Whichever cut of chicken you choose, you want between 8 – 10 small pieces or 4 of the bigger leg/thigh quarters. Just enough to fill up the pot.

Instead of the usual white wine, this recipe uses Dry Vermouth, an ingredient most happily associated with martinis.

Vermouth is a fortified wine meaning that it starts with grapes like regular wine but then alcohol and other herbs and flavors are added. It tastes much drier than white wine and adds a great flavor to the sauce.

You can find Vermouth in the wine section of the store. Just be sure to buy DRY Vermouth and not Sweet Vermouth. Dry Vermouth = chicken and martinis. Sweet Vermouth = Bourbon and Manhattans. Both good, just be sure to use the right one.

Add 1 1/2 cups of Dry vermouth to the pot.

After adding the vermouth, season the chicken liberally with salt and pepper. I seasoned my chicken before and had to re-season it because the vermouth washed all the pepper off the meat. Oops.

Add a pinch of nutmeg to complete the seasoning. I have a whole nutmeg nut that I grate but you can certainly use powdered nutmeg from the jar. Add a pinch.

And now the garlic! I have 5 heads of garlic. No, I am not going to count out 40 exact cloves.

Break apart the heads and remove the filmy white outer paper but keep the individual cloves of garlic in their peels.

Add the garlic cloves, 40 or more, to the pot and nestle them down around the chicken pieces.

Cover the pot with 2 layers of heavy duty aluminum foil and then put on the lid. This is important to trap all the steam into the pot while the chicken cooks.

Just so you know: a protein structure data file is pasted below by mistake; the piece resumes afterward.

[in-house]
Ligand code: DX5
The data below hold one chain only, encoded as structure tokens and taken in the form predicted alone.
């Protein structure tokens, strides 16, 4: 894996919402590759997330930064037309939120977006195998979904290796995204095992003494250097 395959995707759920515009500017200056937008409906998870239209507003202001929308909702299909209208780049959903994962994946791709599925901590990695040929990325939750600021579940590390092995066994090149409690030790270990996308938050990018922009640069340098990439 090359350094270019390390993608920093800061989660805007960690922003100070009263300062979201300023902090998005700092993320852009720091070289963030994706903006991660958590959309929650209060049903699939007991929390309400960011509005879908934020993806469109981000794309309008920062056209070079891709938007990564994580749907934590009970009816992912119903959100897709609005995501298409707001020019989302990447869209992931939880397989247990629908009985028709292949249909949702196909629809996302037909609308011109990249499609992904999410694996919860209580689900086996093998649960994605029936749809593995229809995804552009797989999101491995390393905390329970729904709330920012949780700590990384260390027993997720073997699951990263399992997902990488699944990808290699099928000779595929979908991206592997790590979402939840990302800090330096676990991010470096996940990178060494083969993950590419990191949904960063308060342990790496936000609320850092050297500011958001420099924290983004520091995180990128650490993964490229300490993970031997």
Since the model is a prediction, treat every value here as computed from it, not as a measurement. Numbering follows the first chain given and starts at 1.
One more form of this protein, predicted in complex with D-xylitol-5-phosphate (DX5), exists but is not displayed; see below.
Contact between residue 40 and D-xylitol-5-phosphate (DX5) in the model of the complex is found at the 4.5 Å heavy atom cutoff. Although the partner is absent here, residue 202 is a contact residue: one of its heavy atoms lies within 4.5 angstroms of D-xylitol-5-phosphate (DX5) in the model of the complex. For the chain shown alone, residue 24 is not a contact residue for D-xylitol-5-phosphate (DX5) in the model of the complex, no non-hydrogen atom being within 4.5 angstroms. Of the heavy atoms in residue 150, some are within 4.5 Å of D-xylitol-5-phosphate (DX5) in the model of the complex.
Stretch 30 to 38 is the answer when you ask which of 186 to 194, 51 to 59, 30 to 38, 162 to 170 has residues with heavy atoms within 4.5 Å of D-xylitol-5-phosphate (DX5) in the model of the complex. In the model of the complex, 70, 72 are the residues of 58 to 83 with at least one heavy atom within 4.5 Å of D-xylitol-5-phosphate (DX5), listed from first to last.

Place the covered pot in a 375 degree oven and cook for 90 minutes without peeking or removing the lid.

Cody suggests that if you are using the larger quarter leg pieces of chicken, you might want to increase the cooking time to 2 hours.

When the time is up, your chicken and garlic has magically transformed into the most tender, fall off the bone chicken you’ve ever had. The vermouth has blended with the juices from the chicken and the vegetables to make a delicious, but light sauce.

The vegetables are tender and so amazing. I was really skeptical about the celery but I’m totally converted. Braised celery is incredibly tasty.

Oh, and the garlic? Those 40 cloves of garlic are now soft and wonderful! The long cooking time transforms the garlic from pungent to perfection. It is mild and so creamy.

Grab a slice of that crusty french bread and squeeze the garlic right out of a clove.

If you were not a fan of roasted garlic before, you will be now.

Serve the chicken with the vegetables, sauce, and lots of bread for dipping!

Here’s the recipe

Chicken with Forty Cloves of Garlic

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3 Responses

  1. WOW, this one is GOOOOOOOOOOOOOD!!!!!!!! Yes, Roasted Garlic squeezes onto French Bread and does not taste real garlicky.
    Some fancy schmanzy restaurants serve roasted garlic on bread as appetizers.
    I’ll take the Martinis without the Vermouth, pour a little Olive Juice into them and make them dirty!!!!!!!! But for those, it needs to be cold outside…………………..